“Most successful wholesale digital transformations are multi-vendor,” observes P2 Consulting’s Mr McIntosh. Ms Fennell of Muller Beukes Edvardsen agrees, emphasising that effective integration includes processes and people. “Digital transformation affects the whole value stream, so it’s important to consider the upstream and downstream impact of changing one particular process. If you leave a gap in systems integration, people will find a manual workaround and this will compromise the outcome,” she says, adding that an important part of transformation is removing previous processes. Mr McGrail of Harlex Consulting adds: “Properly managed, controlled and quality data creates the foundation for a digital future. Many businesses place too much emphasis on systems implementation and too little on data quality and integration.” Martin Joseph Brej, vice president of global services at Thomson Reuters Elite, who handles major integration projects for professional services firms, agrees. “In many cases the success of digital transformation initiatives has depended on setting the right expectations upfront, particularly around data transfer and conversion,” he says.
It is important to establish who is in charge. Digital transformation requires board-level support and effective communication. According to Forrester Research: “Two-thirds of leaders believe they understand digital strategy, yet only one-third of their senior managers agree.” Harlex Consulting’s Mr McGrail emphasises the importance of top-down messaging driving engagement, but warns that “dislocation between the board and the rest of the organisation can undermine change because the people who are actually delivering the project don’t understand the business case”. Muller Beukes Edvardsen’s Ms Fennell adds: “People will either enable or disable change. On-site training support helps them adapt to new systems, but it is equally important to allow them time to see the benefits.” Mr Thackeray at Inspiring Healthy Lifestyles says: “Ensuring that the leadership message gets through means identifying and engaging key influencers, and they aren’t necessarily the leaders.” Mr Sutton of Publicis.Sapient recommends getting feedback from customers and employees throughout the transformation journey to keep the initiative on message.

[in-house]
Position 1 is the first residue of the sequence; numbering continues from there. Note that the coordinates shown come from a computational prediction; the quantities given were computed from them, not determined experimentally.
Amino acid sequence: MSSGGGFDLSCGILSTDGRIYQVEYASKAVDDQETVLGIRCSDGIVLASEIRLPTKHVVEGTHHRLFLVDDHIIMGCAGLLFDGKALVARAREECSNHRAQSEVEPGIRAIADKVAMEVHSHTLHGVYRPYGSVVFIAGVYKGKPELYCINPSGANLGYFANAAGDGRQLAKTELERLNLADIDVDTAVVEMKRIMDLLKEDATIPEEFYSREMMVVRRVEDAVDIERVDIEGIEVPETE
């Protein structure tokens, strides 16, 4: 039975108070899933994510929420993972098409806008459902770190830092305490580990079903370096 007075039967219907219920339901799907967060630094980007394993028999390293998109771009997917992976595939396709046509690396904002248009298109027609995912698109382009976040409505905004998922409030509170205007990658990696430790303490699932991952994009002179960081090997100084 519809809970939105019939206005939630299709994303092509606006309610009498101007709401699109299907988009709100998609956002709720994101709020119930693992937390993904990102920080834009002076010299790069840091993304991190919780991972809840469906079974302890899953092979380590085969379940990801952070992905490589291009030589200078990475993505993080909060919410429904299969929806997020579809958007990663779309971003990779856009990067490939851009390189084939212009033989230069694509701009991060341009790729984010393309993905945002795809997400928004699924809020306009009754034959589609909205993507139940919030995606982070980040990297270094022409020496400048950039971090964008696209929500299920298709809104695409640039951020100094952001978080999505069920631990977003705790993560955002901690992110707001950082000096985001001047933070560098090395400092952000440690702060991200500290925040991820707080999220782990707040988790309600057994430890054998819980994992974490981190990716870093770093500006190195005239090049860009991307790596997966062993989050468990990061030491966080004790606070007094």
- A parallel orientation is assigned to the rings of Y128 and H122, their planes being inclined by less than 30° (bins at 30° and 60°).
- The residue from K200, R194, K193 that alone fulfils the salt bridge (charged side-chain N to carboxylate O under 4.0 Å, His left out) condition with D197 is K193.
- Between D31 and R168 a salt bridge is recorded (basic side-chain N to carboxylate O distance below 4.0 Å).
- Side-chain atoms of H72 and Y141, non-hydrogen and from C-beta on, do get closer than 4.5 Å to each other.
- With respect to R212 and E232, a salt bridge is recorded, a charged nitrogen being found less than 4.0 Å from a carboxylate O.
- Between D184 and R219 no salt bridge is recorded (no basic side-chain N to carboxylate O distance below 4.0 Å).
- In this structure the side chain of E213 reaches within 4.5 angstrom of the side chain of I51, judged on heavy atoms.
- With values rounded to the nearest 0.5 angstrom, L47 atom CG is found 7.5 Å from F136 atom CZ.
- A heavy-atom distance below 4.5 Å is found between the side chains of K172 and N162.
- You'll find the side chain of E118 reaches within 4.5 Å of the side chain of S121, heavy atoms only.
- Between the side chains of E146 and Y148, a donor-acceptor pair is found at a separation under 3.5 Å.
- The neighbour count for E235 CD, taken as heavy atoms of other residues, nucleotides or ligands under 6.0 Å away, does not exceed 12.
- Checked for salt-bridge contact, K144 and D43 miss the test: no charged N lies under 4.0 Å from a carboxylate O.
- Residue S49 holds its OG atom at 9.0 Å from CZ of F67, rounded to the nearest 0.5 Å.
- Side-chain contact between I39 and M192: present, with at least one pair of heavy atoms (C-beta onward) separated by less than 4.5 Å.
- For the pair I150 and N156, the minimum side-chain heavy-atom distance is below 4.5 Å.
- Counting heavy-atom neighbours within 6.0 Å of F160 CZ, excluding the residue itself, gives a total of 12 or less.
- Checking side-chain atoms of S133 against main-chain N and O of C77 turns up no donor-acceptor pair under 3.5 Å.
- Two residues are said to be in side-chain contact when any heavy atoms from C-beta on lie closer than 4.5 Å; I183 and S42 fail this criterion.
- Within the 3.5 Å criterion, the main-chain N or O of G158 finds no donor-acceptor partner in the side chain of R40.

IDC predicts: “By 2017, 60 per cent of digital transformation initiatives will not be able to scale because of a lack of strategic architecture” or failure to back up customer experience with internal processes. This requires consistency across all channels. “It’s important to consider the entire chain of actions within the business that will impact the customer experience,” says Publicis.Sapient’s Mr Sutton. “You can have the best digital channel in the world, but if the execution does not enhance the customer experience, you will have failed to capitalise on the opportunity.” For example, John Lewis’s digital transformation from traditional stores to omnichannel retail included the successful integration of physical and digital processes whereby customers and staff can access the online ordering system in-store. Mr Brej at Thomson Reuters Elite underlines the importance of “visibility across processes and platforms” to foster a digital-first culture.